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Serial late payers 'should be fined'

One of the UK’s biggest accounting trade bodies has recommended the introduction of fines to tackle poor payment practices.

The Association of Accounting Technicians (AAT) said the Prompt Payment Code should be made compulsory for companies with more than 250 staff. 

It also proposed that maximum payment terms should be halved from 60 to 30 days, and “a clear, simple financial penalty regime” should be introduced for persistent late payers.

The trade body said the penalty regime should be introduced and enforced by the government’s small business commissioner.

SNP MP for Kilmarnock and Loudoun Alan Brown was one of several MPs from across the political divide to come out in support of the recommendations.

Mr Brown said: “I’m fully supportive of AAT’s calls to make the Prompt Payment Code compulsory for larger companies, especially construction companies.

“Too many of these big organisations use the withholding of payments to SMEs to bolster their cashflow, as was the case with Carillion.”

Conservative MP for Altrincham and Sale West and chair of the 1922 Committee Sir Graham Brady added: “The reforms suggested by AAT appear to be a good solution to this longstanding problem.

“Prompt payment is essential for most businesses but particularly SMEs who often suffer real problems when not paid in a reasonable timeframe.”

Labour MP for Bury North James Frith, Green Party MP for Brighton Caroline Lucas and Lib Dem business spokesman Lord Fox have all come out in support of the recommendations.

AAT head of public affairs and public policy Phil Hall said: “Years of voluntary initiatives and half-baked measures have not delivered what’s needed.”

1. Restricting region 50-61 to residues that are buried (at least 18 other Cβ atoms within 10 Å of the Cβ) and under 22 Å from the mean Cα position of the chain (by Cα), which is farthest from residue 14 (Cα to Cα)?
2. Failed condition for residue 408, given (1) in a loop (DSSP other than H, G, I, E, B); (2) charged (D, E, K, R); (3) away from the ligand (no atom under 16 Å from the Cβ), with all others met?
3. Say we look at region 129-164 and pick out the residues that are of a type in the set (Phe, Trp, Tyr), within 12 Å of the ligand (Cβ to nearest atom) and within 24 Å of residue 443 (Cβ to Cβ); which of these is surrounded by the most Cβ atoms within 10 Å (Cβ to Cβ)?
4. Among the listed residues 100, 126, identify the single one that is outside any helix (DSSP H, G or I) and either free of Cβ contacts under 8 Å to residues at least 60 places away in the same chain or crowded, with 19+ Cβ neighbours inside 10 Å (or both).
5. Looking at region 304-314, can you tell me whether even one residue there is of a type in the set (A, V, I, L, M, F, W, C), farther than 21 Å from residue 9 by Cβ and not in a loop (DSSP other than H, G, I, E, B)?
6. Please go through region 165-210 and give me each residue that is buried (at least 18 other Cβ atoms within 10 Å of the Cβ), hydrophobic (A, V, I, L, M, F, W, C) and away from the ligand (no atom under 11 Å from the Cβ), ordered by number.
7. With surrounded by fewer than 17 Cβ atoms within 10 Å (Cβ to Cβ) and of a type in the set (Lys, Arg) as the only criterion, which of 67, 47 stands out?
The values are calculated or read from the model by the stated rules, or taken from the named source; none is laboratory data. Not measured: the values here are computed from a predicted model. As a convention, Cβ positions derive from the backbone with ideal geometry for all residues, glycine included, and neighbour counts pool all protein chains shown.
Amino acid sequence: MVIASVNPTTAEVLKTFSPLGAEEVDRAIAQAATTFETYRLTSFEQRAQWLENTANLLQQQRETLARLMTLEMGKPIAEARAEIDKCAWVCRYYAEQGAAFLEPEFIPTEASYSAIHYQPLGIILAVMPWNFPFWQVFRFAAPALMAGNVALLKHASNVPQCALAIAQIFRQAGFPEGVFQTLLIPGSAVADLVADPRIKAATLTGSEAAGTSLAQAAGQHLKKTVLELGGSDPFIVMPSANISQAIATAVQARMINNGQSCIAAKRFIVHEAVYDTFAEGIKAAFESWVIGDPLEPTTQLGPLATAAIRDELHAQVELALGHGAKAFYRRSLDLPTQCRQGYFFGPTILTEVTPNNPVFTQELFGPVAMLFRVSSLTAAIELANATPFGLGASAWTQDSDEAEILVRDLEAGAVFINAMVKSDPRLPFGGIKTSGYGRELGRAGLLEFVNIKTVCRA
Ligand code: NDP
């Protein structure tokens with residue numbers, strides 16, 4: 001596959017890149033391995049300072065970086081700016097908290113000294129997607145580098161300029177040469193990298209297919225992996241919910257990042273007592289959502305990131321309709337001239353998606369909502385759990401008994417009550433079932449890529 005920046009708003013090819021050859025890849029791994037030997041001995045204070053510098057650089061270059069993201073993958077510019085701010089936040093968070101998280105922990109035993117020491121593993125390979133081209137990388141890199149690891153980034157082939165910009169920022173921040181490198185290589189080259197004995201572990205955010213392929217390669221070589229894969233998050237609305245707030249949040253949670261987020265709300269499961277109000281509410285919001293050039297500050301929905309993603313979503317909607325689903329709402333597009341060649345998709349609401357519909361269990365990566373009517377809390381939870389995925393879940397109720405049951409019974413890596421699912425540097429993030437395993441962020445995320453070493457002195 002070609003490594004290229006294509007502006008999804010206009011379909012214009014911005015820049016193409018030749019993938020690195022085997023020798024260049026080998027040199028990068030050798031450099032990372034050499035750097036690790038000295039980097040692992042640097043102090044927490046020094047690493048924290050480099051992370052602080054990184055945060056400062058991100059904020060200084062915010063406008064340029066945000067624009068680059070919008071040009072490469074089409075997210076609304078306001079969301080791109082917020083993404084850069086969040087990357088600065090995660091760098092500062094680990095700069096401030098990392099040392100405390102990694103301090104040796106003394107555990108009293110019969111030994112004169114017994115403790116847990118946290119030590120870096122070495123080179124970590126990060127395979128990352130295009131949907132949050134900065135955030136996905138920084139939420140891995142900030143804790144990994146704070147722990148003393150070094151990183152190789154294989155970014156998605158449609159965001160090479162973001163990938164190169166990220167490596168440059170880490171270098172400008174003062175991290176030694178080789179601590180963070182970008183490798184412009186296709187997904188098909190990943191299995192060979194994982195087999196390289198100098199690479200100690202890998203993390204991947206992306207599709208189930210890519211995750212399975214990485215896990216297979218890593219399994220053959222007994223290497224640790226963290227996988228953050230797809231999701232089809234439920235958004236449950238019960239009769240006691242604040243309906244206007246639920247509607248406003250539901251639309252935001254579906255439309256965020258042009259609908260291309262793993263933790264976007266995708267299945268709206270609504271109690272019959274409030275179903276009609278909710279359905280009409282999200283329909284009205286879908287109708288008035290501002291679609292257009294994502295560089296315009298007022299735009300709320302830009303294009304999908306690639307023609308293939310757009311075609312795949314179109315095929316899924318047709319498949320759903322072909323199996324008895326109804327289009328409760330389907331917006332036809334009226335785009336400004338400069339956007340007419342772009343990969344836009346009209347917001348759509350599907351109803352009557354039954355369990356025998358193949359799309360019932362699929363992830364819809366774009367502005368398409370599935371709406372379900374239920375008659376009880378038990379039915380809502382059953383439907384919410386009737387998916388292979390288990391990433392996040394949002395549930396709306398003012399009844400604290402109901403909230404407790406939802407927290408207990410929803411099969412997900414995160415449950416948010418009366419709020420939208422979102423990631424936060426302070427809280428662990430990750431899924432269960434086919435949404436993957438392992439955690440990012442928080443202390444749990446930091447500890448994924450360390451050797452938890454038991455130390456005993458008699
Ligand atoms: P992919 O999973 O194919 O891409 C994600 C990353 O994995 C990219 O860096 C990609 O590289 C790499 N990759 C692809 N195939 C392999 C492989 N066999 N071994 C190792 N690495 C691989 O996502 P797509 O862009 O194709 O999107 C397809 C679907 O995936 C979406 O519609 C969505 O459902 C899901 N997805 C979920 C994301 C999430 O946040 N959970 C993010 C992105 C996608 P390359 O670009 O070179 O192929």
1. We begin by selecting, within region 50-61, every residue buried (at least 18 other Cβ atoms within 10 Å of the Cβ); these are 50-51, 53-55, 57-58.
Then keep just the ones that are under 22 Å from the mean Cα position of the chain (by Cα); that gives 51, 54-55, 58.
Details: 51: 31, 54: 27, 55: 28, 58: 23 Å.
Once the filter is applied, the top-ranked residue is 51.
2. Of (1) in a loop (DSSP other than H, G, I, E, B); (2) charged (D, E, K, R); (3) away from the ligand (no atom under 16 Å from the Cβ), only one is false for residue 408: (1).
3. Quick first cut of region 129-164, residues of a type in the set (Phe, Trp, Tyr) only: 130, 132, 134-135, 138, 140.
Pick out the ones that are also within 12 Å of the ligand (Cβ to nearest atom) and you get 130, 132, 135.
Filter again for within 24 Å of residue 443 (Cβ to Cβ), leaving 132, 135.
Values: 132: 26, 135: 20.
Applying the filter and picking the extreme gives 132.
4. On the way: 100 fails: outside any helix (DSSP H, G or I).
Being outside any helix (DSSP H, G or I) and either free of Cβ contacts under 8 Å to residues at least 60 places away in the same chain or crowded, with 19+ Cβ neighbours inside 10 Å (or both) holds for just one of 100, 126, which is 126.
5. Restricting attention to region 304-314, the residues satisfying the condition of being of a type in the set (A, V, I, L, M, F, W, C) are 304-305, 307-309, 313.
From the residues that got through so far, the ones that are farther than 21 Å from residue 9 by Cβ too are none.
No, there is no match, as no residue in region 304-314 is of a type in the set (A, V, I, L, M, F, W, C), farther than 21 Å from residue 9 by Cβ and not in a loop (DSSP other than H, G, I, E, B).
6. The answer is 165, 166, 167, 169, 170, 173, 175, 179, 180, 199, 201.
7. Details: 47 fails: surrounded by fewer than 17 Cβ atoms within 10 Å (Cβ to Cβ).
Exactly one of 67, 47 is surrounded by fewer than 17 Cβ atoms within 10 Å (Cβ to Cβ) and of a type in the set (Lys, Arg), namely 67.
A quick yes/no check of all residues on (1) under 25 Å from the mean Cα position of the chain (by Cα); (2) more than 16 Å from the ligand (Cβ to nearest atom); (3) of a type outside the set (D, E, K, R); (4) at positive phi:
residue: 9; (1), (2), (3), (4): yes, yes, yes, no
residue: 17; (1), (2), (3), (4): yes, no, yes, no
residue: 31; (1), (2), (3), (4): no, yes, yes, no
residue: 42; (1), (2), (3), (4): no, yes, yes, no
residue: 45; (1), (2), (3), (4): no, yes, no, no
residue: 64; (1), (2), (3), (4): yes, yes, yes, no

He added: “It’s time for government to take action.”

The Aldous Bill, which seeks to make it unlawful for clients and contractors to hold retention monies directly, is due to have its second reading on 23 November.

The industry is currently divided as to whether or not to back the bill, with some bodies arguing that efforts should be directed towards completely abolishing retentions instead.

Readers' comments (2)

  • Speaking as a veteran SME who has suffered at the hand of late payers for 30+ years - I'd say: that would be nice, wouldn't it but I doubt Government have the appetite even in the wake of Carillon

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  • Serial late payers 'should be fined'
    ...........Keir are shaking in their boots........ with laughter......

    The Association of Accounting Technicians (AAT) said the Prompt Payment Code should be made compulsory for companies with more than 250 staff.
    ...........why only 250+ staff ......any business with over 20 staff usually has at least 1 full time accounts person - qualified or not.

    As an accountant myself (degree qualified outside of the UK) all I can say is that accountants (both qualified and not), CFO's and FD's and their company accountants, auditors and bank managers, are a very big part of the problem. I am resigned to their poor training, poor attitude and in many cases a total lack of basic morals and business ethics when it comes to payment policies and practices. And the rudeness of many of them when you ask for a payment date for overdue invoices beggars belief.

    Can the AAT explain what training, if any, they give their members in business ethics and payment policies and practices.

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